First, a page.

I have trouble believing there’s a realistic copyright claim here. If anything, I’d think he would have a stronger publicity rights claim (or possibly trademark name if he’s trademarked his name, though a quick USPTO search fails to find a trademark on Chuck Close), but publicity rights claims are a bit messy (and vary state to state) so even that’s not entirely clear. But the larger point is how shameful it is for Close to legally threaten another creative individual for doing something that, if anything, would inspire greater interest in Chuck Close’s work. The idea that the filter “jeopardizes” Close’s career makes no sense at all. Who is really going to see a filtered image and suddenly think they no longer need to see Close’s real work? If anything it’s likely to inspire the exact opposite.
Separately, Close is grossly misinformed in saying that he has to take legal action or he loses the ability to do so with others. While something sort of like that (but not quite) is true with trademark law, it’s entirely permissible to ignore infringement under copyright (or even to issue free licenses to those you like).
But the weirdest claim is that this hurts his “legacy.” I would argue that being an absolute jerk to someone who created a filter as an homage to you hurts your legacy a hell of a lot more than the filter itself.
Blake notes that while he has shut down the site, he has a plan. Recognizing that eventually Close’s works will go into the public domain, he’s made plans for the filter to be re-released in 100 years after Close’s death, on the assumption (perhaps not a good one due to extensions) that the works will be public domain by then:
I asked my lawyer friend if I could release my Chuck Close Filter 100 years after Close dies and his copyright runs out; my lawyer assured me that I could do so without fear of reprisal. I have not made Close aware of my plans, but if he finds out, I would be surprised if he wasn’t insulted. Don’t get me wrong, I know we will both be dead in 100 years, but the point is that our art will live on, and that is what matters to me most. We all have a legacy to think about; Chuck Close isn’t the only one.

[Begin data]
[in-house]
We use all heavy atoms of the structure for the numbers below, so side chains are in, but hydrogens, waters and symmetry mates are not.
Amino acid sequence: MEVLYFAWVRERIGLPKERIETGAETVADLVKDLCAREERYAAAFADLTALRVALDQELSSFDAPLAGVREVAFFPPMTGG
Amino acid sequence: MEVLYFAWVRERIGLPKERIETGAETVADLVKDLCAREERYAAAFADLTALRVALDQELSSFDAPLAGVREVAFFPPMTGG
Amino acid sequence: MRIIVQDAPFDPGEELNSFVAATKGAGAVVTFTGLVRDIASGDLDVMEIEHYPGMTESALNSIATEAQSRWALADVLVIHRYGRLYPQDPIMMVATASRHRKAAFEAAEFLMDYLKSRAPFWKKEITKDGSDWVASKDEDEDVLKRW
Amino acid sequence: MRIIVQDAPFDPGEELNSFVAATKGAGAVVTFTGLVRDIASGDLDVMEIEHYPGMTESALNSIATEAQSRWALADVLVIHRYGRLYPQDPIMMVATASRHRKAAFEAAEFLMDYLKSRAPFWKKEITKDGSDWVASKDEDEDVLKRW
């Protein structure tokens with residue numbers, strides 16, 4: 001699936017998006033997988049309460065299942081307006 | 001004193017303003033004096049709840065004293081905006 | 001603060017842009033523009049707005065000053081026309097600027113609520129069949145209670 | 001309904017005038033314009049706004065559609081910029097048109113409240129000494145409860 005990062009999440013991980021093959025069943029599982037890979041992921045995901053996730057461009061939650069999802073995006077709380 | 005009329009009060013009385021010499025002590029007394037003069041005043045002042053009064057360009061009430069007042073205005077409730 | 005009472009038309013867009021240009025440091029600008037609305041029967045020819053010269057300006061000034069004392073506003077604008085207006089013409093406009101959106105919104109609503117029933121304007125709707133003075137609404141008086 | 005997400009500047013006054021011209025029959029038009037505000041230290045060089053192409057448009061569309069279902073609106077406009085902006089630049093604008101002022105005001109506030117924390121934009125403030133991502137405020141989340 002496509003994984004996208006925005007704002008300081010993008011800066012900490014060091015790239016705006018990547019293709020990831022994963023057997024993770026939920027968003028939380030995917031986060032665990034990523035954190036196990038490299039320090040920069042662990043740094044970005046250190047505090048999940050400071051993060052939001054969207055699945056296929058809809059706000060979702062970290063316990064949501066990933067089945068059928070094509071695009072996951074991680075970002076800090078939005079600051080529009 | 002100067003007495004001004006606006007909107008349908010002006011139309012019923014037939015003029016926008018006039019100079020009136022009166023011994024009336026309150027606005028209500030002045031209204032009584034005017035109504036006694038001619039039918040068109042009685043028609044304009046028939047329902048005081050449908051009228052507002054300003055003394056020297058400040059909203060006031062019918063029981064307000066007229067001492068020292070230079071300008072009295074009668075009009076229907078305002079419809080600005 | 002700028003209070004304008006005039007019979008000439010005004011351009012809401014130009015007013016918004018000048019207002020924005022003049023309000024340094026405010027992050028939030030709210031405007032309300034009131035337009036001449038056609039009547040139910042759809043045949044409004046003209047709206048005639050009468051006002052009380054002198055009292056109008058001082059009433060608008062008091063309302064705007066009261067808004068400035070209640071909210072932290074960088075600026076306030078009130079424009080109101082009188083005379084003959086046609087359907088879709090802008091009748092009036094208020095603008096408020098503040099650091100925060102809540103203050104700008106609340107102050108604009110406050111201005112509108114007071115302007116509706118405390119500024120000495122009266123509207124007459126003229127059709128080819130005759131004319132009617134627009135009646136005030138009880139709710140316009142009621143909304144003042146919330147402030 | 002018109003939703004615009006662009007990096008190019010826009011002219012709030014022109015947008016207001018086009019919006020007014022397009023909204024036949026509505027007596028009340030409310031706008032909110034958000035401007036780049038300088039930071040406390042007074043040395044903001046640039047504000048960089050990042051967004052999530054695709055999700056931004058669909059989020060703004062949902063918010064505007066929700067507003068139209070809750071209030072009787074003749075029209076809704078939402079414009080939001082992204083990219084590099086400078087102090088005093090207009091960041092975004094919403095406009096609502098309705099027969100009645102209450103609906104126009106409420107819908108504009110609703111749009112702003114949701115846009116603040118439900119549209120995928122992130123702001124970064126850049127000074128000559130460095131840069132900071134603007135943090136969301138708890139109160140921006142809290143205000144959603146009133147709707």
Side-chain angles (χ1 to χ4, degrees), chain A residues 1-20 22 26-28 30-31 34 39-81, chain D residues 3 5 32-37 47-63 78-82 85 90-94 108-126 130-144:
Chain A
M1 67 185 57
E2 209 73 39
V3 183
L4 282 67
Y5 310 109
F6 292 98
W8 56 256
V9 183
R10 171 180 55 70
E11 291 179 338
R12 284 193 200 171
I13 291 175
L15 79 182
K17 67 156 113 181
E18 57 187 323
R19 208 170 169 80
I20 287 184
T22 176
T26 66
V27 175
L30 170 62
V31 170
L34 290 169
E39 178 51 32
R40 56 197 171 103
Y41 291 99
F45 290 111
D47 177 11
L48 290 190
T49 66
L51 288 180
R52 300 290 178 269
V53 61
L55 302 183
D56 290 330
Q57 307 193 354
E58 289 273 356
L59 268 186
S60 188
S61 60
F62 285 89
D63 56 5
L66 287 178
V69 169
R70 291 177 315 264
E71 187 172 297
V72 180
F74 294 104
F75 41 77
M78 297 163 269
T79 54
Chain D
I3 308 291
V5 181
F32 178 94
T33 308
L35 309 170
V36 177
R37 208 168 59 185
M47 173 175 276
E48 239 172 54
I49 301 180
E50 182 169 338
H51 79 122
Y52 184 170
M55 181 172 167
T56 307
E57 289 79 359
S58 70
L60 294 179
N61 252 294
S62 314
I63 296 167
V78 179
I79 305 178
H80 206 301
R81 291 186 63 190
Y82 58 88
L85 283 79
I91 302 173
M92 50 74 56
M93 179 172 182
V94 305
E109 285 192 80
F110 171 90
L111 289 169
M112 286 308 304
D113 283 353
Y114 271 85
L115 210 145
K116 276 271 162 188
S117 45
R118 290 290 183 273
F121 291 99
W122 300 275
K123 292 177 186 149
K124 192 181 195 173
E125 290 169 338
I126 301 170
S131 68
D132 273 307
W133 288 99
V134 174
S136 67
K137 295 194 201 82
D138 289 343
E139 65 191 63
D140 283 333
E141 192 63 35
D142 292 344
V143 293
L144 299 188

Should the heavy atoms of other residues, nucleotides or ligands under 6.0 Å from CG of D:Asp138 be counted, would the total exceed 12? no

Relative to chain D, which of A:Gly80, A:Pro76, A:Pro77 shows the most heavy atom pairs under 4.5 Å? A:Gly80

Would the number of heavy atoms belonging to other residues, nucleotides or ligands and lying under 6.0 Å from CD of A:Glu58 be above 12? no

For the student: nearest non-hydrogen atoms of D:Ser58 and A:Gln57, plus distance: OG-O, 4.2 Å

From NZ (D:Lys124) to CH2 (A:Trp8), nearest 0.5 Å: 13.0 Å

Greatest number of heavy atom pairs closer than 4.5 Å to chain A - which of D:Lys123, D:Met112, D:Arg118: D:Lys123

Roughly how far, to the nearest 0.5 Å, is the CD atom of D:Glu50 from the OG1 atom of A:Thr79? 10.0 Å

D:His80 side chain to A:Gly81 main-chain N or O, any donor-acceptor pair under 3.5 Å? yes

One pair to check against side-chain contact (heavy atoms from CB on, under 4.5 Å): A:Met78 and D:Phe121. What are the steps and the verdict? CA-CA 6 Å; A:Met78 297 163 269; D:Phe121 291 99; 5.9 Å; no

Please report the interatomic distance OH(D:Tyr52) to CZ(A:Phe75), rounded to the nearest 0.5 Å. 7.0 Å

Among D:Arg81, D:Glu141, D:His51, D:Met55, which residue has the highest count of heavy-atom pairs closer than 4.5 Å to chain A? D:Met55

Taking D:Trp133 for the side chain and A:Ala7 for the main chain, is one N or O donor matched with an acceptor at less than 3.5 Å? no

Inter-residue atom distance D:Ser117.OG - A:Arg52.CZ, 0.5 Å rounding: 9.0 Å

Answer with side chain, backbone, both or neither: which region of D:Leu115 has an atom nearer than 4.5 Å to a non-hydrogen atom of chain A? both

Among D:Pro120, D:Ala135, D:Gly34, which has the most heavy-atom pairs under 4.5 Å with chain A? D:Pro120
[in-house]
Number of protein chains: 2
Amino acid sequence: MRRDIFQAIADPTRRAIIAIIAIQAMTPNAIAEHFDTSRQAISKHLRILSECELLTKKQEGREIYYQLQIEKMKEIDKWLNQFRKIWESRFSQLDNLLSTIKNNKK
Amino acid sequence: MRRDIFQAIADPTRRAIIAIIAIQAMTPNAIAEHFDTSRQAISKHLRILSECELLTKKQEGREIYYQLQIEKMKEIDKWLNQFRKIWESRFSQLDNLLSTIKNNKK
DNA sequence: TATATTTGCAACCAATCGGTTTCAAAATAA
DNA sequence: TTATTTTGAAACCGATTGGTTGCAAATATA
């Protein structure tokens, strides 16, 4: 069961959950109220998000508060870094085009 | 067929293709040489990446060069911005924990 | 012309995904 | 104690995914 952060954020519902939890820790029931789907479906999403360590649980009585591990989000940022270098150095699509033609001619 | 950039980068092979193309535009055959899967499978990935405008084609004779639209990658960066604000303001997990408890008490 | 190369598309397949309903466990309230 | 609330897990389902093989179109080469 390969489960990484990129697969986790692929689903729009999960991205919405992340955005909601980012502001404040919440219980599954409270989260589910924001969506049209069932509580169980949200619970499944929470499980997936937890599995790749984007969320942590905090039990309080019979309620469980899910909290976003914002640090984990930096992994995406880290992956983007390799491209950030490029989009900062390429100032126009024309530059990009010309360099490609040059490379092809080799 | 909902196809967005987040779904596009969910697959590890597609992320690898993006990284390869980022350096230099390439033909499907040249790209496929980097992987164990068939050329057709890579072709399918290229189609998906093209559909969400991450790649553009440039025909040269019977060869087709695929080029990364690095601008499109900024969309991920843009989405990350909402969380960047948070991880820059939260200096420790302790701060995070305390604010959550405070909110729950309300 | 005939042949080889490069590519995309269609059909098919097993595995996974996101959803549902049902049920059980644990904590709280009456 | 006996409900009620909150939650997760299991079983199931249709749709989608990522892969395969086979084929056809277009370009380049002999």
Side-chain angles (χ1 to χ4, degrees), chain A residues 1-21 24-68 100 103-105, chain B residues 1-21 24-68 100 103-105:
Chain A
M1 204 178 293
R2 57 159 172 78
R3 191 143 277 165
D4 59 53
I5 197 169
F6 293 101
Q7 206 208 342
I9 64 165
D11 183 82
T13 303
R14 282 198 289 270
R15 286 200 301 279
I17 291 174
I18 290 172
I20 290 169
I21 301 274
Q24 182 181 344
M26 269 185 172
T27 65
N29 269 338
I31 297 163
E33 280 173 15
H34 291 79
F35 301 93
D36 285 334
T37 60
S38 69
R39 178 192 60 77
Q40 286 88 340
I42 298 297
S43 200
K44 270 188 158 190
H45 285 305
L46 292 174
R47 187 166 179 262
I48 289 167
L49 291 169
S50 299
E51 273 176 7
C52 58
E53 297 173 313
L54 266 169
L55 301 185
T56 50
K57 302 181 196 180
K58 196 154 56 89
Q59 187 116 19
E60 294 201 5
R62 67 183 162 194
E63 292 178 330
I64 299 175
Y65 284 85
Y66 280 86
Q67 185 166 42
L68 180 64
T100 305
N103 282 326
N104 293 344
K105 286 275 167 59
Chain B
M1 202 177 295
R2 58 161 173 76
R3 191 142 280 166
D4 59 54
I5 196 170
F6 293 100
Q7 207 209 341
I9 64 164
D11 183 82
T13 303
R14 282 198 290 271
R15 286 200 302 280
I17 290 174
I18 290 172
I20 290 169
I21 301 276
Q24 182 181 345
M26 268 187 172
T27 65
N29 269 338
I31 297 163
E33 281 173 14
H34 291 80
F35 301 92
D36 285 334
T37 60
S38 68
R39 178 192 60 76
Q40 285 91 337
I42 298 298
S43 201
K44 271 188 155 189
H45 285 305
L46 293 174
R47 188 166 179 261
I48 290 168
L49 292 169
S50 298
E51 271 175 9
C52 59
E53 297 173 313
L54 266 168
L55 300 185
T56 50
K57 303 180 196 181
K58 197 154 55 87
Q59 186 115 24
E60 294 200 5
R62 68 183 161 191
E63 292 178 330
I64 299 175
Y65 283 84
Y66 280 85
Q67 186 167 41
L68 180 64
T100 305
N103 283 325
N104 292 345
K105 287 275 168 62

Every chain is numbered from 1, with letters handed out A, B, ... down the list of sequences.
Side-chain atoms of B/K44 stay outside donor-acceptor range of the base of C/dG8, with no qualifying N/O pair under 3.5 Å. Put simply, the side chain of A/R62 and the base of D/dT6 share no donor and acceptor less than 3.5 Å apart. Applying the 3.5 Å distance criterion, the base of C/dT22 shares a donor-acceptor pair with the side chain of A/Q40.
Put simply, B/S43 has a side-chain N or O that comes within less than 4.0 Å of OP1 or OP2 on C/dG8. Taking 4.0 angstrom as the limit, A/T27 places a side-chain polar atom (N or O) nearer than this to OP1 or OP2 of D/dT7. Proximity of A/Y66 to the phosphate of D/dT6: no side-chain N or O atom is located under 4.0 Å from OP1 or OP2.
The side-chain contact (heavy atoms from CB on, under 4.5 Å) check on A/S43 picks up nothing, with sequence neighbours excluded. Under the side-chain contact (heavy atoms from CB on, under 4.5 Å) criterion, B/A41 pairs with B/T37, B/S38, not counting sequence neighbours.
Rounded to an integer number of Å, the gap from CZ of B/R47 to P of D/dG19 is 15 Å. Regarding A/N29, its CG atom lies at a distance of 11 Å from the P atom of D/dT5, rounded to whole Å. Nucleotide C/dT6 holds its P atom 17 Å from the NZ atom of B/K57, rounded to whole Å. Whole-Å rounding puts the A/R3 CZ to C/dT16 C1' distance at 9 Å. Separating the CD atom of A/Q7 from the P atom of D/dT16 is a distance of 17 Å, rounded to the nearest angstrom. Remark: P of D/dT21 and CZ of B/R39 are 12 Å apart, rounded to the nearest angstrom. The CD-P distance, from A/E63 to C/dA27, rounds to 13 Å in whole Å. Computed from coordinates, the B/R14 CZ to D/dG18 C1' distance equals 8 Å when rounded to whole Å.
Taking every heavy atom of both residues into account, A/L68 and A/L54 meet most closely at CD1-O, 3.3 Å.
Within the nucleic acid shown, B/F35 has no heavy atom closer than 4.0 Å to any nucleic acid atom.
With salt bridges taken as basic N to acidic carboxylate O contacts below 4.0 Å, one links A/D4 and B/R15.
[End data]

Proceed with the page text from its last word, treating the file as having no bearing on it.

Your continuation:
Blake also challenges some of Close’s claims of originality, including his argument that his paintings came along before computer generated art. Blake shows that’s not true, and even shows some compelling evidence that there’s at least a greater-than-zero chance that Close, in fact, was inspired by computer generated art that pre-dated his own. Either way, Blake has decided that the best plan at this point — if he can’t actually offer a Chuck Close filter — is to make sure the world knows that Chuck Close acts this way towards fans and those who create tools that celebrate him.
I believe my art is fair use, but I don’t have a war chest to back up that assertion in a courtroom, so the wealthy bully wins by default. My only recourse is to publicize my defeat in order to shine a light on these types of situations. My hope is that Chuck Close develops a sense of shame and regret, realizes his mistake and offers up an apology. I want this article to serve as a point of reference for current and future artists. The worst part about this whole mess is that it makes established visual artists like Close seem petty. By not embracing new and interesting ways of making art, he is contributing to the widening of the generation gap. His irrational fear of computers has made him wildly out of touch with my generation and generations to come. I feel he singled me out because I choose to work in a medium that he finds inferior.
I think Close is confusing enterprise with creativity; they are not the same and in some cases can work against one another. In the end, I believe Close’s misguided and hypocritical actions will do more harm to his legacy than any so-called “derivative art” could ever do. His behavior has left me no choice but to carry out my 100-year plan.
It’s always disappointing to see artists harm the works of others with excessive copyright claims. There’s simply no reason that Close needed to act this way, and count me among those who has shifted from being a fan of Close’s work to someone who just isn’t interested in supporting him in any way after actions like this.